Doppelkopf is a popular trick-taking game that originated in Germany and remains very popular there. It is suitable for four players, and the objective is to score points by winning tricks.
A unique feature in Doppelkopf is that bidding determines the ruleset for trick-taking in each round. That includes whether players compete in teams of two or in a solo, one vs. three. In team rounds, the distribution of teams is unclear at first and will reveal itself during gameplay.
The game’s name means “double head”, possibly referring to the double cards: The game uses two decks of 24 French-suited cards, each featuring the cards from Ace to Nine in all four suits. At the beginning of the round, all 48 cards are shuffled, and each player receives 12 cards.
Important cards in Doppelkopf:
- Queens of Clubs: determine which players form a team.
- Tens of Hearts: the strongest trump cards in the entire game in most rulesets
- Aces of Diamonds (Foxes): Win the opposing team’s fox in a trick to get a bonus point at the end of the round.
Fundamentally, the cards descend in strength within a suit: Ace, Ten, King, Queen, Jack, Nine. But in most rulesets, the Tens of Hearts, all Queens, and all Jacks become trump cards in that order.
After dealing, the players may bid regarding the round’s ruleset. If nobody bids, you play a standard round of two vs. two players with the following trump cards: Tens of Hearts, all Queens, all Jacks, and the remaining cards of Diamonds. The two players each holding a Queen of Clubs form a team.
The different rulesets in classic Doppelkopf are:
- Marriage: A player holding both Queens of Clubs may announce a marriage to find a partner. Then, you play two vs. two by the standard rules.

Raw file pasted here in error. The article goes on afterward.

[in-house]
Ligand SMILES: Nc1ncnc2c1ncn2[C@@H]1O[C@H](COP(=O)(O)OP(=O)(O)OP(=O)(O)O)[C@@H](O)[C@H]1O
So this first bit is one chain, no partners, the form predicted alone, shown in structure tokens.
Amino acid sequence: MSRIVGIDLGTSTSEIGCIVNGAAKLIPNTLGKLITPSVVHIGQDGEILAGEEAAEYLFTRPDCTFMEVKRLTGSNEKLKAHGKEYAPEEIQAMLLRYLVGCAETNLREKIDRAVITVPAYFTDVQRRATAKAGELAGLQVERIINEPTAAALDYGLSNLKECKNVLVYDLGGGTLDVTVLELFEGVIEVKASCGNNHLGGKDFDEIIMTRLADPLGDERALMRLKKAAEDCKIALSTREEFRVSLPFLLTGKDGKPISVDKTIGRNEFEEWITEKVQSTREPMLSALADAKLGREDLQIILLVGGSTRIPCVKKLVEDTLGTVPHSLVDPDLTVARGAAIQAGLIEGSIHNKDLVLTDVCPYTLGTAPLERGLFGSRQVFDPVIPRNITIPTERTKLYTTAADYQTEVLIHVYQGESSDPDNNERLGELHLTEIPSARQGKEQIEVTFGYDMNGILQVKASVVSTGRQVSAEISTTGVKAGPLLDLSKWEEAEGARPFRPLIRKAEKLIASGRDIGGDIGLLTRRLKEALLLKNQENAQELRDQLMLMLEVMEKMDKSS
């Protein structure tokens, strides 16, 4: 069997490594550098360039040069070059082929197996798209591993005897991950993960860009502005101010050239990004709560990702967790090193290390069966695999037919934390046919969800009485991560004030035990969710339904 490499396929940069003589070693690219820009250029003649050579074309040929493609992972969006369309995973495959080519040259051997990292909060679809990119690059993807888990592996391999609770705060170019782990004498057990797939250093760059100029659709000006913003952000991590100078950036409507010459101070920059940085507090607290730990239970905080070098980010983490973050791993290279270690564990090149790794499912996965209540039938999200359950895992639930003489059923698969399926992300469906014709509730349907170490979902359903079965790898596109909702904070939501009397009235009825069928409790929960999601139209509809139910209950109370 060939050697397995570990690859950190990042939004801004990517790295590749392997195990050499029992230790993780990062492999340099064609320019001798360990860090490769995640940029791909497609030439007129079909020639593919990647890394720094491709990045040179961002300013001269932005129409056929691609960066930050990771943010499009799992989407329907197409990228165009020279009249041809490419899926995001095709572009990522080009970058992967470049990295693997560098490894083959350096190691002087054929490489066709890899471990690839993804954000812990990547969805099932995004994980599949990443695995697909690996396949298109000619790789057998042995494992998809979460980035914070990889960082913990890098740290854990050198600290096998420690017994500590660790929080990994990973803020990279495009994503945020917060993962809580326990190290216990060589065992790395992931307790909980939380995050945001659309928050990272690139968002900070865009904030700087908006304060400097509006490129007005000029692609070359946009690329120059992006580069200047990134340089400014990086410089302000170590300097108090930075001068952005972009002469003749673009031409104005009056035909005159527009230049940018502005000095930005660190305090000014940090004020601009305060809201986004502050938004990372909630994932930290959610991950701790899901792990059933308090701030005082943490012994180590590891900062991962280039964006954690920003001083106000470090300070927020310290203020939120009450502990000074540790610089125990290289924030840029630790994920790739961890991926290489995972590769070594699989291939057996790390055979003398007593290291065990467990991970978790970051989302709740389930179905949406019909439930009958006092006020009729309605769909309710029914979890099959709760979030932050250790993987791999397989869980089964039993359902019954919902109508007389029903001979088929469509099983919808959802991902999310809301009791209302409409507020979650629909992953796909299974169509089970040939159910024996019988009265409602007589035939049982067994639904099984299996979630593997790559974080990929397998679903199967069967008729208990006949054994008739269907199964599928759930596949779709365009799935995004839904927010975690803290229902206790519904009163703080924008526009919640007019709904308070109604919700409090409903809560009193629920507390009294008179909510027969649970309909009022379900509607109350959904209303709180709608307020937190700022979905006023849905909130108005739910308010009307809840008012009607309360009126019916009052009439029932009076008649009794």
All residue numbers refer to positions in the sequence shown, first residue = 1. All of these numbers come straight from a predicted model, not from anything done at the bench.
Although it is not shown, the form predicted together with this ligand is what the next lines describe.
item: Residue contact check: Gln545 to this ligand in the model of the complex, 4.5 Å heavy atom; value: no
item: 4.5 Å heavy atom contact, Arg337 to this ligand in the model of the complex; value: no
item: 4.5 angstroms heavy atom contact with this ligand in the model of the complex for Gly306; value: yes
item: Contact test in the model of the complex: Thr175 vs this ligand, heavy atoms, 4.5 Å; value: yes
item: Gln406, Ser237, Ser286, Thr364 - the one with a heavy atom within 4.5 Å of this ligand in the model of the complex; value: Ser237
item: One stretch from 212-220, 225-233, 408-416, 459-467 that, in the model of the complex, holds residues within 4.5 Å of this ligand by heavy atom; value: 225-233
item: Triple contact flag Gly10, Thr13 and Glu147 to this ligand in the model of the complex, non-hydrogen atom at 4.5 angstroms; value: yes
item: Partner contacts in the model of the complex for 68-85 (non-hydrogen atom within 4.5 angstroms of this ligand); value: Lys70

- Secret Marriage – not a bid: If the player with both Queens of Clubs doesn’t announce a marriage, they secretly play a solo against the other three players.
- Solos: One player competes alone against all others.
- In any of the suits: trump cards: Tens of Hearts, all Queens, all Jacks, and the remaining cards of the selected suit.
- Queen Solo: trump cards: only the Queens
- Jack Solo: trump cards: only the Jacks
- Ace Solo or Skeleton: no trump cards
Doppelkopf is very much alive. Depending on where you play, variations regarding game types, scoring, and other details may appear.
After determining the ruleset, you take tricks in clockwise order. The leading suit’s highest card or the highest trump card in the trick wins. The player who wins the trick leads the next one. After all tricks are played, the round ends with scoring.
Points are awarded for winning tricks and, potentially, for winning specific cards in tricks. Points can also be deducted for failing to meet certain conditions, such as not collecting enough points. Partnerships score points together, and points in Doppelkopf must add up to zero between all players each round.
Then, it’s time to start the next round!
Doppelkopf is a unique and challenging trick-taking game. If you would like to give it a try yourself, you are welcome to join the game at the Doppelkopf Palace (game available in English and German; website available only in German).